Presentation by Kurtis L. Schroeder, Cropping Systems Agronomist & Plant Pathologist, on Soilborne Diseases of Cereals: Identification and Management for the Integrated Pest Management Website hosted by Umatilla County Extension Service.
A species of bacterium common in soil and water called "Burkholderia cepacia" (B. cepacia) is being championed by agricultural scientists as a non-chemical means of fighting plant infections.
Wireworms are among the most destructive of soil insect pests. This publication explains the wireworm life cycle and describes a program for monitoring and risk assessment. Nonchemical management methods are suggested, including crop rotation, soil drying, flooding, cultivation, resistant varieties, soil amendments, early harvest, trap crops, and biological control. Includes photos for pest identification.
Topics covered include the life cycle of entomopathogenic nematodes; how they control insect pests; obtaining, using, and storing; soil conditions necessary; application preparation, equipment, and rates; pesticide safety; and websites that provide more specific information.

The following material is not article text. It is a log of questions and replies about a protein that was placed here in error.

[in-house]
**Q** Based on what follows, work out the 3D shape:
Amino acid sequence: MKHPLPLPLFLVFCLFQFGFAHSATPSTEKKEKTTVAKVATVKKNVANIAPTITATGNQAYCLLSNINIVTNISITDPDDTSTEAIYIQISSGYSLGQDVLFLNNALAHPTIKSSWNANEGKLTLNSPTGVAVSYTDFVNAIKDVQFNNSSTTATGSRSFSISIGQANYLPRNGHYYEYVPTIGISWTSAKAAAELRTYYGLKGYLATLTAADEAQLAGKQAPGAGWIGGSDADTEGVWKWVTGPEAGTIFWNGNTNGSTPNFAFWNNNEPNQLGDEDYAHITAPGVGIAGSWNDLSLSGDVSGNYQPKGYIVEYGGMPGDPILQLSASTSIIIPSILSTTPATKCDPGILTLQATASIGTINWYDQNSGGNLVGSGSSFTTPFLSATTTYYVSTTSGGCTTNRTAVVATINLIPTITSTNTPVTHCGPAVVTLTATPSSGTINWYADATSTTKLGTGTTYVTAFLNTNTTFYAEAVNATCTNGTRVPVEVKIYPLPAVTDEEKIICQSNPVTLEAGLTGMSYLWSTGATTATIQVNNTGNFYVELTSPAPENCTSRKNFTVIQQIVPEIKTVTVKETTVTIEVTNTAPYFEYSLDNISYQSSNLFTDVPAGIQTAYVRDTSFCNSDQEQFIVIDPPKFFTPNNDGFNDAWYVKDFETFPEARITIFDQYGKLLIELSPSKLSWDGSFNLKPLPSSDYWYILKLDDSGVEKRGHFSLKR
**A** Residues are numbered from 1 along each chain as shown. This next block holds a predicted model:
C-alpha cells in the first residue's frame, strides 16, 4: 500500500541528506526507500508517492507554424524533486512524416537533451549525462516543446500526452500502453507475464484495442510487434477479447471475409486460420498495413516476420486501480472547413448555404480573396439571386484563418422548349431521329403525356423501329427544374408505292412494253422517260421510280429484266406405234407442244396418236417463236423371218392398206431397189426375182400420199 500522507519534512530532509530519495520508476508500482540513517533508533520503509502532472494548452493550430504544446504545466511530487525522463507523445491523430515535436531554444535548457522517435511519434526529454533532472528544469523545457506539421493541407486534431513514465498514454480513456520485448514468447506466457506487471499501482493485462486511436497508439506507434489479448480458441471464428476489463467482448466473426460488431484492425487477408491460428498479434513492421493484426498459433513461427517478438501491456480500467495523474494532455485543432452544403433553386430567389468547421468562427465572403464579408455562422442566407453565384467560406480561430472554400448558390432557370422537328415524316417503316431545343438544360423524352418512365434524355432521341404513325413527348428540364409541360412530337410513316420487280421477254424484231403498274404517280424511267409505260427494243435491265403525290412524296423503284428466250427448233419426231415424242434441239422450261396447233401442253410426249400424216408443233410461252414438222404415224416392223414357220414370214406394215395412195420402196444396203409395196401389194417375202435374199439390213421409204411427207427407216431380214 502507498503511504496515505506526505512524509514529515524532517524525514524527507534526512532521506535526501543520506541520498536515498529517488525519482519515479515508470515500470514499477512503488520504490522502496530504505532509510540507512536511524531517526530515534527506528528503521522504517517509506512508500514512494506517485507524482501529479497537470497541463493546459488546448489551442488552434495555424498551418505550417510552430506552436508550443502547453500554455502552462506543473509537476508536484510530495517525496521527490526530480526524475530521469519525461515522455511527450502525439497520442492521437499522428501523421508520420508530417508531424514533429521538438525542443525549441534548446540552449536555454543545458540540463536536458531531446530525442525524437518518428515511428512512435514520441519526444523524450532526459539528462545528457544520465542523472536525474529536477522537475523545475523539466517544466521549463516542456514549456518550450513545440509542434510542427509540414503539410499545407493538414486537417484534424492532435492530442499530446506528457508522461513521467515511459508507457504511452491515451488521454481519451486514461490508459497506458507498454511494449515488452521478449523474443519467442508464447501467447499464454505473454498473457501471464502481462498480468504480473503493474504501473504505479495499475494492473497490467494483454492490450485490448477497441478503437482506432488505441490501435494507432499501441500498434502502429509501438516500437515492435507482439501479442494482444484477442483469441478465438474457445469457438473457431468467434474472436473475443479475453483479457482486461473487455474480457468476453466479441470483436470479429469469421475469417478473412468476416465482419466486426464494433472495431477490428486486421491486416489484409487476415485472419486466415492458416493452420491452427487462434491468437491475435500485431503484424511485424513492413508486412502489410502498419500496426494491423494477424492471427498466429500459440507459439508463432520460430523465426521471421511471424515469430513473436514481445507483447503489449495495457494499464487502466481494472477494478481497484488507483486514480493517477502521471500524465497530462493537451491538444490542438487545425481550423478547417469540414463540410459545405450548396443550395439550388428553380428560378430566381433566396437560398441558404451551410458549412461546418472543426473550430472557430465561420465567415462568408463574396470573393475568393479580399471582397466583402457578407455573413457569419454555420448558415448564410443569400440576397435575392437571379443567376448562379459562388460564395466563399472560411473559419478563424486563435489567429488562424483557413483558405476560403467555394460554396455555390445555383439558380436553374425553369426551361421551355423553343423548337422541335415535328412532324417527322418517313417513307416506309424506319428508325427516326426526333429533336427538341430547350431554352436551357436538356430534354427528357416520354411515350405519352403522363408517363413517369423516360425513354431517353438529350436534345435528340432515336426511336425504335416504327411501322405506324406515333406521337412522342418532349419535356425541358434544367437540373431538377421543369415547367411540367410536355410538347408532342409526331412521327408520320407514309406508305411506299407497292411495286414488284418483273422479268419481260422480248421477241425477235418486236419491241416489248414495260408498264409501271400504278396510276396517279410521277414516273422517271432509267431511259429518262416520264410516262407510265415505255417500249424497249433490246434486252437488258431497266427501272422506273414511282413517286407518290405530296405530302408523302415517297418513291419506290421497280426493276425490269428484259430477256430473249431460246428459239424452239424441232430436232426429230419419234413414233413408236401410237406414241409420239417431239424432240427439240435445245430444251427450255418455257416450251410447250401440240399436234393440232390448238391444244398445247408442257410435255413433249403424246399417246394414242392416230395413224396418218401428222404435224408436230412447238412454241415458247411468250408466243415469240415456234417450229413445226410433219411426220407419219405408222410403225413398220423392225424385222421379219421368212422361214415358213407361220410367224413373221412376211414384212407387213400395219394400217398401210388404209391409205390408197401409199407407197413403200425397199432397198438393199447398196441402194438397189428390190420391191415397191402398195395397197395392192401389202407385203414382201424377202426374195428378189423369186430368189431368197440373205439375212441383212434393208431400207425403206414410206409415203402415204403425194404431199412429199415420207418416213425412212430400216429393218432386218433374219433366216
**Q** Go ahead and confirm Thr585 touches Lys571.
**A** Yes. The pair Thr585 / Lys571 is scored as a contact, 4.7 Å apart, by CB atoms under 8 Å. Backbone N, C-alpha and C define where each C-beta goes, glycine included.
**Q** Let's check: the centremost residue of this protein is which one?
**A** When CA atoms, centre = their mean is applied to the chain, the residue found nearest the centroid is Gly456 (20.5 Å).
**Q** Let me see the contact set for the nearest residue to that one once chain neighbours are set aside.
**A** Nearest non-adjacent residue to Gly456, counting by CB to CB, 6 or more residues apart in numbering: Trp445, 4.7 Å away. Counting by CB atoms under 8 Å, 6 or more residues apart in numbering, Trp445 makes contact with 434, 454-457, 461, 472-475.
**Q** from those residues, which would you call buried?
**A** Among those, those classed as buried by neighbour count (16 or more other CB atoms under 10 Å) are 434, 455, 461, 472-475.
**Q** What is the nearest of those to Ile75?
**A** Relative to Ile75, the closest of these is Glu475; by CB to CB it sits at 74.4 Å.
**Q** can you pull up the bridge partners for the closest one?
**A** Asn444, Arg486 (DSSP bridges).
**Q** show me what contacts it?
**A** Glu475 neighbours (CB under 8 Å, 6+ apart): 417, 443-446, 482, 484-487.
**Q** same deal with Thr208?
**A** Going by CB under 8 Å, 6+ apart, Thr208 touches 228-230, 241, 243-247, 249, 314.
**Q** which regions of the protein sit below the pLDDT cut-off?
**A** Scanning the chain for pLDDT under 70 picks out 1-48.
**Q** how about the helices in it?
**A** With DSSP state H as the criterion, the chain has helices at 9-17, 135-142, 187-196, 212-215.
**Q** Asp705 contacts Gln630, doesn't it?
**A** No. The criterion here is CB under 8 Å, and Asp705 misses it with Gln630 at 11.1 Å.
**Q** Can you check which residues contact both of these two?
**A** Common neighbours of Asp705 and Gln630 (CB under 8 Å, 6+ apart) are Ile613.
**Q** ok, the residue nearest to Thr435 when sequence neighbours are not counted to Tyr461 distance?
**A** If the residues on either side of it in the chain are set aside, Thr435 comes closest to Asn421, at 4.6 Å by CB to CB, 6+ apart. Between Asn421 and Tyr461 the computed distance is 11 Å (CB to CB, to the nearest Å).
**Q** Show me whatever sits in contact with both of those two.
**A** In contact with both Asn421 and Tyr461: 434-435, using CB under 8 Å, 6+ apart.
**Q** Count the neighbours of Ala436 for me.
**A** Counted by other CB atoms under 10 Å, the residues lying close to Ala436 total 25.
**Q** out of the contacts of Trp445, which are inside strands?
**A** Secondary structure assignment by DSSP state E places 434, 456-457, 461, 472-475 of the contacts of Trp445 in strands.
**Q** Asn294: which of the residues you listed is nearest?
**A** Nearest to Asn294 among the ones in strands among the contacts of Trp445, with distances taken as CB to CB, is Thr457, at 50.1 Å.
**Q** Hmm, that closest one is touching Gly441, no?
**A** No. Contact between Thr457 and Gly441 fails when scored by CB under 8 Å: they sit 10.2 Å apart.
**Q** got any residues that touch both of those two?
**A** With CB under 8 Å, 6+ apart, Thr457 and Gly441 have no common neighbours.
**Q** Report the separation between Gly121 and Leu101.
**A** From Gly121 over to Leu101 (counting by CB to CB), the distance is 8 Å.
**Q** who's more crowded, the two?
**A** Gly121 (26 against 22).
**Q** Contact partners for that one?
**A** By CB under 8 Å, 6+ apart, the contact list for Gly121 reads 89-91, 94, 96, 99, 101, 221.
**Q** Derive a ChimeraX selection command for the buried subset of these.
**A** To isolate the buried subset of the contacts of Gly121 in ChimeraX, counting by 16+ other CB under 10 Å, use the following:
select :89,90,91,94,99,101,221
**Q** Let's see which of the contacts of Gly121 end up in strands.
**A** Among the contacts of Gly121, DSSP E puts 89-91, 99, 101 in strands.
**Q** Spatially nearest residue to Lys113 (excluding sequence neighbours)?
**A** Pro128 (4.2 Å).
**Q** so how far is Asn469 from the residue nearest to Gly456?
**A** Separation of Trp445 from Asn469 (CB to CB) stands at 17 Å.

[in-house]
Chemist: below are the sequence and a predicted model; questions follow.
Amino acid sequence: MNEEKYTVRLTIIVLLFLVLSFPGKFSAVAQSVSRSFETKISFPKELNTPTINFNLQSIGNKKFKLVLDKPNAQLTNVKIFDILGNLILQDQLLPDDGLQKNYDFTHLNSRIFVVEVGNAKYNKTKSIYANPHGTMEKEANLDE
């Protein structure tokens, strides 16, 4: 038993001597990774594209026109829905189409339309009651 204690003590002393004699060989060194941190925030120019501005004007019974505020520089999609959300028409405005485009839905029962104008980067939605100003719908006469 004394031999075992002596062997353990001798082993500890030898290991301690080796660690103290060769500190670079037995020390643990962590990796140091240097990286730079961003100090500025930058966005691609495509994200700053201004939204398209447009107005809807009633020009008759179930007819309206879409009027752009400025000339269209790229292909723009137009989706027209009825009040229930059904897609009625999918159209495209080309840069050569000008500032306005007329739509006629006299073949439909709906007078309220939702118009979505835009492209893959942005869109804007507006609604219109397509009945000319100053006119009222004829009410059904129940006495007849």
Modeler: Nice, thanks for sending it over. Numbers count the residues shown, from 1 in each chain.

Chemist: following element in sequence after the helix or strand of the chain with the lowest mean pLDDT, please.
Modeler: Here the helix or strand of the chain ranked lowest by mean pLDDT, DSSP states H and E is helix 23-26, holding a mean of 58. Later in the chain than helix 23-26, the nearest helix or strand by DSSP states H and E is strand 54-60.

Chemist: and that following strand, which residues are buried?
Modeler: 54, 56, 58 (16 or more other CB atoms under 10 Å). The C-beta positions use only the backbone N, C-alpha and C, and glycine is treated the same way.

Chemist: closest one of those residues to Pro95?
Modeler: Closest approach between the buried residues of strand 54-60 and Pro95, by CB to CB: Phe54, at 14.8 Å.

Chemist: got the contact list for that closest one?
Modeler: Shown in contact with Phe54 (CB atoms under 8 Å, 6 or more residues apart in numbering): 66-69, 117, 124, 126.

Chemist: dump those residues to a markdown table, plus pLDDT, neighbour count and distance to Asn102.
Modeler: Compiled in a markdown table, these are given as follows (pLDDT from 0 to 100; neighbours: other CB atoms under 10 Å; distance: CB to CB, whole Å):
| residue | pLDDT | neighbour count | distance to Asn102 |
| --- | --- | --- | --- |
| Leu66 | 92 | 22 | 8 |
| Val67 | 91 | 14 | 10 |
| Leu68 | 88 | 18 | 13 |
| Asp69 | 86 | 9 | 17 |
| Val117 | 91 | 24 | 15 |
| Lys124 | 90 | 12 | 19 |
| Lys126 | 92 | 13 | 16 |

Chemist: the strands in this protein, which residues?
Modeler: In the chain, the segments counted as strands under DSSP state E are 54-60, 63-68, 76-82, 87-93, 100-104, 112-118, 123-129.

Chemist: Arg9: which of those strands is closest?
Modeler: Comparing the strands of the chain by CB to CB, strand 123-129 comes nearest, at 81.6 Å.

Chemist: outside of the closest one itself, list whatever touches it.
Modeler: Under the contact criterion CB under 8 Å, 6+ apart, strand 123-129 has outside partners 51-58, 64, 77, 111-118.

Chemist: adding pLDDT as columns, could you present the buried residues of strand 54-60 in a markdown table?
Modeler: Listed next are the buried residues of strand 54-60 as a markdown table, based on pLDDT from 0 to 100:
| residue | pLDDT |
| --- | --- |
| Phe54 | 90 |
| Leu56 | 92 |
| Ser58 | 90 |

Scotch thistle was introduced to the United States in the 1800s as an ornamental plant from the Mediterranean region. It is a noxious weed in Idaho, Oregon, and Washington. Scotch thistle can form dense, virtually impenetrable stands in low- to high-fertility soils. This publication provides information for identification, management, and control.
Reviews Russian thistle biology as it relates to management, including seed dormancy and longevity in soil, seed distribution, seed germination and emergence, plant growth after establishment, crop competition, and resistance to herbicides. Outlines key considerations for managing for 3 crop years and 1 fallow year. Describes results from a residue management experiment designed to determine how to reduce tillage while maintaining winter wheat production.
Explains how simple and creeping perennial weeds reproduce and spread. Covers weed seedbanks, seed dormancy in soil, and factors that influence seed germination. Describes the typical root structure of perennial weeds and the various ways perennial weeds compete with crop plants for water, nutrients, and light. Discusses the advantages and disadvantages of various methods to control ...
A look at integrated pest management in "Concepts from Start to Finish".
Integrated pest management (IPM) is an ecologically-based pest control strategy that relies heavily on natural mortality factors such as natural enemies and weather, and seeks out control tactics that disrupt these factors as little as possible. IPM uses pesticides, but only after systematic monitoring of pest populations and natural control factors indicates a need. Ideally, an ...